An Educational Trust is very similar in many ways to a Family Trust – it just has a more specific purpose, and as such is generally simpler.
As the name suggests, an Educational Trust is setup with the express purpose of funding someone’s education. This could be private school fees, but more usually university fees and living expenses. Most UK universities now charge tuition fees at a rate of £9,250 per annum. In addition to this, most students will need to live away from home and rent some sort of accommodation as well as meeting their day to day living costs. According to the well-known website savethestudent.org the average cost of a three-year degree is £55,620.
For grandparents (it is usually grandparents who set up Educational Trusts, although anyone can) who have money, setting up an Educational Trust to meet the cost of fees makes very good sense as the trust fund is ring-fenced for that purpose, protecting it for example from the bankruptcy of a child’s parent or the fallout from a divorce et cetera, and there are also tax advantages.
The underlying trust in an Educational Trust arrangement will vary depending on the circumstances of the settlor(s) and the predicted circumstances of the beneficiary. It could be: a Discretionary Trust, common if the trust is to benefit several children – particularly children not yet born; an Interest in Possession Trust – only commonly used if the beneficiary is going to start drawing out money immediately; an Accumulation Trust – very commonly used; or even in some circumstances, a Bare Trust. The type of trust is not set in stone and it will always depend on individual circumstances.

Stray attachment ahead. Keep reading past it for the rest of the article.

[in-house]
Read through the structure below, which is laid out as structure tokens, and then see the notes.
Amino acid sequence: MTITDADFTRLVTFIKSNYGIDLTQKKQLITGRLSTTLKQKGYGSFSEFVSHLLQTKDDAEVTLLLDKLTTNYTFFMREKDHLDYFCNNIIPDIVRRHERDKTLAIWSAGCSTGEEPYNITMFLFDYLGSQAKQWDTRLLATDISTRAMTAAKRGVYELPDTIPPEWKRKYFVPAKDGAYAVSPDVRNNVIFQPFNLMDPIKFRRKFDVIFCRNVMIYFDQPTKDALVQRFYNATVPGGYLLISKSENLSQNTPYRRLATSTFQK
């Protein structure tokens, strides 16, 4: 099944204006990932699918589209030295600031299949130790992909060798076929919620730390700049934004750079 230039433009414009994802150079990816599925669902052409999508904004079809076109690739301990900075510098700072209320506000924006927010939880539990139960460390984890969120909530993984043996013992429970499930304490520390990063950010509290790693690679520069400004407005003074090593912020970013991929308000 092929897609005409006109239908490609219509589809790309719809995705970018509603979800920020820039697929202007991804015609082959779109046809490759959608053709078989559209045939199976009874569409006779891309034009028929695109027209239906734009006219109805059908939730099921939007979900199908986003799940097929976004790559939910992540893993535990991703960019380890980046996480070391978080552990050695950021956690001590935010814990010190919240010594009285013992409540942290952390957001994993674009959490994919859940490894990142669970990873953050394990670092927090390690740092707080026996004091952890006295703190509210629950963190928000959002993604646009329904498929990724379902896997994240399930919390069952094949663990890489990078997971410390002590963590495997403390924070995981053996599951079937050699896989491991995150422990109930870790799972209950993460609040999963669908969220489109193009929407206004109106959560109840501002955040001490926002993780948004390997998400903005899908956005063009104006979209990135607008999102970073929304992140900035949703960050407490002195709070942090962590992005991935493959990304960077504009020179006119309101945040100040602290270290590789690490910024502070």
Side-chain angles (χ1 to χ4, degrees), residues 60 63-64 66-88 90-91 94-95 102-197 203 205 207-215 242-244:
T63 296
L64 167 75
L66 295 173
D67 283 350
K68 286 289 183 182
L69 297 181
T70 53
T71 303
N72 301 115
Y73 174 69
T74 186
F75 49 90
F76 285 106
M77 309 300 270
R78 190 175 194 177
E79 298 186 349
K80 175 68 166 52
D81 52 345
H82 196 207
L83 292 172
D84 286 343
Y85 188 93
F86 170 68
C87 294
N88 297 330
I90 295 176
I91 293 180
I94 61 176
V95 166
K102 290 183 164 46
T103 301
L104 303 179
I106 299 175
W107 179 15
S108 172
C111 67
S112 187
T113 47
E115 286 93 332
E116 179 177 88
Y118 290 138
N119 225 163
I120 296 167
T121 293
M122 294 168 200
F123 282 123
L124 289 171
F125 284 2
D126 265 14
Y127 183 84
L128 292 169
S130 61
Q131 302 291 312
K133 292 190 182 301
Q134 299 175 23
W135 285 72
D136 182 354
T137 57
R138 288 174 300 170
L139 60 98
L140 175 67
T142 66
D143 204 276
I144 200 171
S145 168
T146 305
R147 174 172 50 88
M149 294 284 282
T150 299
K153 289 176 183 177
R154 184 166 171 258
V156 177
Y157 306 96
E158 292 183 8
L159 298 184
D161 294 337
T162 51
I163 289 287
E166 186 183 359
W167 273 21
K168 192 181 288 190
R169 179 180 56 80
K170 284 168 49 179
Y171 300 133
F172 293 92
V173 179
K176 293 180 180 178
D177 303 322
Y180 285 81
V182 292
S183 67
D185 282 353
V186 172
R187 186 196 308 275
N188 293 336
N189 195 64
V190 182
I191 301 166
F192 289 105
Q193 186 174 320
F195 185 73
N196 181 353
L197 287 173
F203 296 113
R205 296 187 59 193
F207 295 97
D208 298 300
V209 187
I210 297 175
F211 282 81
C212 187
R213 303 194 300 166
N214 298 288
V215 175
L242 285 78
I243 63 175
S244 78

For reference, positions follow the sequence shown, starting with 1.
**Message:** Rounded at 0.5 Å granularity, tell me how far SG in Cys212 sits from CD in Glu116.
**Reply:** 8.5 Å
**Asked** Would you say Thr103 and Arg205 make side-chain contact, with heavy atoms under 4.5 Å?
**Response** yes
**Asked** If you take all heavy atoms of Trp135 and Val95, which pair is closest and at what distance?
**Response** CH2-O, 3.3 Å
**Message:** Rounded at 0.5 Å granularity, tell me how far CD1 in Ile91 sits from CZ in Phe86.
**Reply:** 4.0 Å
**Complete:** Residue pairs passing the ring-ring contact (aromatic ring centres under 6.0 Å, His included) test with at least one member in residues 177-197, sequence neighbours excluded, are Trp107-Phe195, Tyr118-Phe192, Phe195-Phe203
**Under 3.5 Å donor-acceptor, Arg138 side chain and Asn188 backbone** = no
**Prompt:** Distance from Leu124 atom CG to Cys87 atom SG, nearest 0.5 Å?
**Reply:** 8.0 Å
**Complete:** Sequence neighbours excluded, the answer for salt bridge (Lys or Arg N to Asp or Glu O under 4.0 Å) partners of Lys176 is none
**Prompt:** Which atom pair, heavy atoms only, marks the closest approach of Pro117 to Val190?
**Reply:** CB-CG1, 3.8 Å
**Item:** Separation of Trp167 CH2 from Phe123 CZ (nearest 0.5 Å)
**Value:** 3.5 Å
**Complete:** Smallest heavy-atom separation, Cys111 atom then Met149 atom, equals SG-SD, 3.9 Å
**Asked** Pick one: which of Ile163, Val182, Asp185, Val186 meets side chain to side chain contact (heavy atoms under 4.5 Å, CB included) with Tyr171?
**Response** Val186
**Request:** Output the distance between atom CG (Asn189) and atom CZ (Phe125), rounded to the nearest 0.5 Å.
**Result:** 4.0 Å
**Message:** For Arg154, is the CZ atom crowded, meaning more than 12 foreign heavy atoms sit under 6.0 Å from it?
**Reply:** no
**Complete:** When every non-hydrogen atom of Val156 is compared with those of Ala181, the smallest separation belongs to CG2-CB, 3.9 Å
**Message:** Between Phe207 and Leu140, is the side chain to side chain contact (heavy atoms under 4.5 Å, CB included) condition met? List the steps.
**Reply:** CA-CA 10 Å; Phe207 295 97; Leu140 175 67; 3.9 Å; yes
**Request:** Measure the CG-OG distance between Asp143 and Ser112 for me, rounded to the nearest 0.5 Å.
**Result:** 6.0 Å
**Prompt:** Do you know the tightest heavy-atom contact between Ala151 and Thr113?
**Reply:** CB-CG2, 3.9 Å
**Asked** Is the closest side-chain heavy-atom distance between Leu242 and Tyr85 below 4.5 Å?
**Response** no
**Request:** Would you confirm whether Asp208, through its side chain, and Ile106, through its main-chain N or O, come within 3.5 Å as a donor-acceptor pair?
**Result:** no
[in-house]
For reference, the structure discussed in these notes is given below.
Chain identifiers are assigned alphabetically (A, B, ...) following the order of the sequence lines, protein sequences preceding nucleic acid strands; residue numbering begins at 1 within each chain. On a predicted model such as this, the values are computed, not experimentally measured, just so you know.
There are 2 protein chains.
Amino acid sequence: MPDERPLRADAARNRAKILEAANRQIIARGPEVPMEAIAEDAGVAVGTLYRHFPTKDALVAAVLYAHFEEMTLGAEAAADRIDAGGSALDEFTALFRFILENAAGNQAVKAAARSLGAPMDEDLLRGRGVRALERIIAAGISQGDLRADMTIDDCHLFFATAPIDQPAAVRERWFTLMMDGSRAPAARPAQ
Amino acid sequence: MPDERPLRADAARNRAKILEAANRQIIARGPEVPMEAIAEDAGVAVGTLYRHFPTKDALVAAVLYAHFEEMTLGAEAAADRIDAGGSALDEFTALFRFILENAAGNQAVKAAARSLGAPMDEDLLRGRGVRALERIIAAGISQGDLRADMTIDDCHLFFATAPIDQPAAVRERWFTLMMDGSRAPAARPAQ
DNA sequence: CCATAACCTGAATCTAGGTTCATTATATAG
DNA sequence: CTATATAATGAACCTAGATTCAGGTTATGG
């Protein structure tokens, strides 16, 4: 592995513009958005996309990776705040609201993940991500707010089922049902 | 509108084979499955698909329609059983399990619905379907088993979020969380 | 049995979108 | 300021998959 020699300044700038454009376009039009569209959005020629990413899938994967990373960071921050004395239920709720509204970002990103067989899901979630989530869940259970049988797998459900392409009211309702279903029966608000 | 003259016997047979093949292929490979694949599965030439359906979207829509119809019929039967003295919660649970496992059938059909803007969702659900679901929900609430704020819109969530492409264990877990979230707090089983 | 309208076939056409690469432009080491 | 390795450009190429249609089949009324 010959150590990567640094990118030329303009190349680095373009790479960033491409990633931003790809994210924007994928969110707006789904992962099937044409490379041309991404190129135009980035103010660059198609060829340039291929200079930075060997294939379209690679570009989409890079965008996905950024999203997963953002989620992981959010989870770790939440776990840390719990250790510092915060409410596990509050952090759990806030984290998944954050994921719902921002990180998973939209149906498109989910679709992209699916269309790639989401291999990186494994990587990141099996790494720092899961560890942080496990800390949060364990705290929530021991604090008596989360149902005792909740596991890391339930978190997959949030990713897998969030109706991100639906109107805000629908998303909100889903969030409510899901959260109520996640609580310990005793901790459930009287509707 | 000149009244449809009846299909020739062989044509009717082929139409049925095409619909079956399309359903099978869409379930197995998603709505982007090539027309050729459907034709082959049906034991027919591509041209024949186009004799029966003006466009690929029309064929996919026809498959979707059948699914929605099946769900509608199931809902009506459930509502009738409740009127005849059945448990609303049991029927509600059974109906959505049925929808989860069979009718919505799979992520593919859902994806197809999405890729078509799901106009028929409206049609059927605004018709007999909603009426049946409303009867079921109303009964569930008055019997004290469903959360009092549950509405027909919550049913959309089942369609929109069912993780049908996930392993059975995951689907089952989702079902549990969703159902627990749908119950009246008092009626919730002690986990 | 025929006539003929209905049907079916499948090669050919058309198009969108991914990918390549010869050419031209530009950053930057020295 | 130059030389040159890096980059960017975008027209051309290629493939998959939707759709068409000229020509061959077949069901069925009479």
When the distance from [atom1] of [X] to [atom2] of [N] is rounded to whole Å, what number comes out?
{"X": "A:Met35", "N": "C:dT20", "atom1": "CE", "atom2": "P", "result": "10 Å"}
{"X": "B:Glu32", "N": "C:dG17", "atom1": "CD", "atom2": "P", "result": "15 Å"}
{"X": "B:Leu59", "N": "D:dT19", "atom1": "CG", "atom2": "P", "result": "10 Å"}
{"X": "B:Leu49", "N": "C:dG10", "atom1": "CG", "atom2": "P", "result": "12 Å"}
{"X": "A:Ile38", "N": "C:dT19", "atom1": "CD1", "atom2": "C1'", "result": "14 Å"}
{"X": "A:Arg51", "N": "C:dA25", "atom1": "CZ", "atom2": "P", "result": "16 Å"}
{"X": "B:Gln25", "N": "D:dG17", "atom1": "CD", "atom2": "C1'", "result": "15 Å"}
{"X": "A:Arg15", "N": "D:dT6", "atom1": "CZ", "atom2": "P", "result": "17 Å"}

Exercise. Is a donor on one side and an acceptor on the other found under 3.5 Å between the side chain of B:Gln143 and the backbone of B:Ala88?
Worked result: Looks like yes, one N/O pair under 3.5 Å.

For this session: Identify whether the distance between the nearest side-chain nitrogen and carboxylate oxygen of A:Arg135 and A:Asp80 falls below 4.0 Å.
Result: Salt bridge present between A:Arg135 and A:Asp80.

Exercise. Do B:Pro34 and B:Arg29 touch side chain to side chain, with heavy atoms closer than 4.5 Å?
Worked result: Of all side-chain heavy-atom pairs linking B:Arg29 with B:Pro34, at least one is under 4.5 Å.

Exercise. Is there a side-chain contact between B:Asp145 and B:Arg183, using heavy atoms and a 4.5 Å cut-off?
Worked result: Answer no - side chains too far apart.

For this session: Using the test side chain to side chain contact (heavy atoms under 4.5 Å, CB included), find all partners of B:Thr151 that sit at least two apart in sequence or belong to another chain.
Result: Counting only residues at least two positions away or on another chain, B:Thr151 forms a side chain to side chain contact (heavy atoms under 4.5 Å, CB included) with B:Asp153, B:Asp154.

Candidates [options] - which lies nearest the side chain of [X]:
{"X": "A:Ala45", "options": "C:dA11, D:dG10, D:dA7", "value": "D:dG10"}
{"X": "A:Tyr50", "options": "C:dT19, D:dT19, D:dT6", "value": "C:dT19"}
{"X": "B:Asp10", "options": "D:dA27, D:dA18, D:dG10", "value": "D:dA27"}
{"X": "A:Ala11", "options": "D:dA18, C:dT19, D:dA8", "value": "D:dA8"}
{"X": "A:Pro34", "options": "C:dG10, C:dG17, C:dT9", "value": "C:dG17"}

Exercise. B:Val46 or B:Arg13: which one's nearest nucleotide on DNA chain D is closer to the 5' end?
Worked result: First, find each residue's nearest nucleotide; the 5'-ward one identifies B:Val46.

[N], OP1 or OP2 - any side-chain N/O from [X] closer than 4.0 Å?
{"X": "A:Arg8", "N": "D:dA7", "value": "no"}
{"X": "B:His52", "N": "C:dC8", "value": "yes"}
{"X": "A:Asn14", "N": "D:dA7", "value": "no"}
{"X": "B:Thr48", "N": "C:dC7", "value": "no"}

As an example, a settlor who sets up a lifetime trust for his minor grandchild (beneficiary) with the aim of applying the income during the grandchild's minority (i.e. while they are under 18) will be taxed as if that income was their own income (i.e. income of the settlor). However, a settlor is able to create a trust and accumulate the income until the child reaches 18. Once a beneficiary attains adulthood, the income applied to them becomes taxable on them individually and ceases to be taxed on the settlor. For most university students this will be their only income so up to £12,500 (2020/2021) will not be taxed.
A settlor can put up to £325,000 into this trust or an amount equal to their unused inheritance tax (IHT) threshold. By doing this an individual reduces their own estate by £325,000 thereby potentially saving 40% tax on this amount (£130,000). Provided the settlor survives seven years, their IHT threshold is reinstated and therefore they will be able to settle a further £325,000 into trust after that seven year period should they wish to.
Income payments from a trust are paid net of income tax to the child. The child can thereafter reclaim some or all of the tax paid by the trustees via their own personal allowances. Where a trust has not been set up, the assets remain within the settlor’s estate and it is probable that the settlor may currently be paying university fees net of income tax (potentially at the highest rate of income tax, which is not recoverable). Therefore by placing the income producing assets into trust they are able to make the provision for university fees more tax efficient.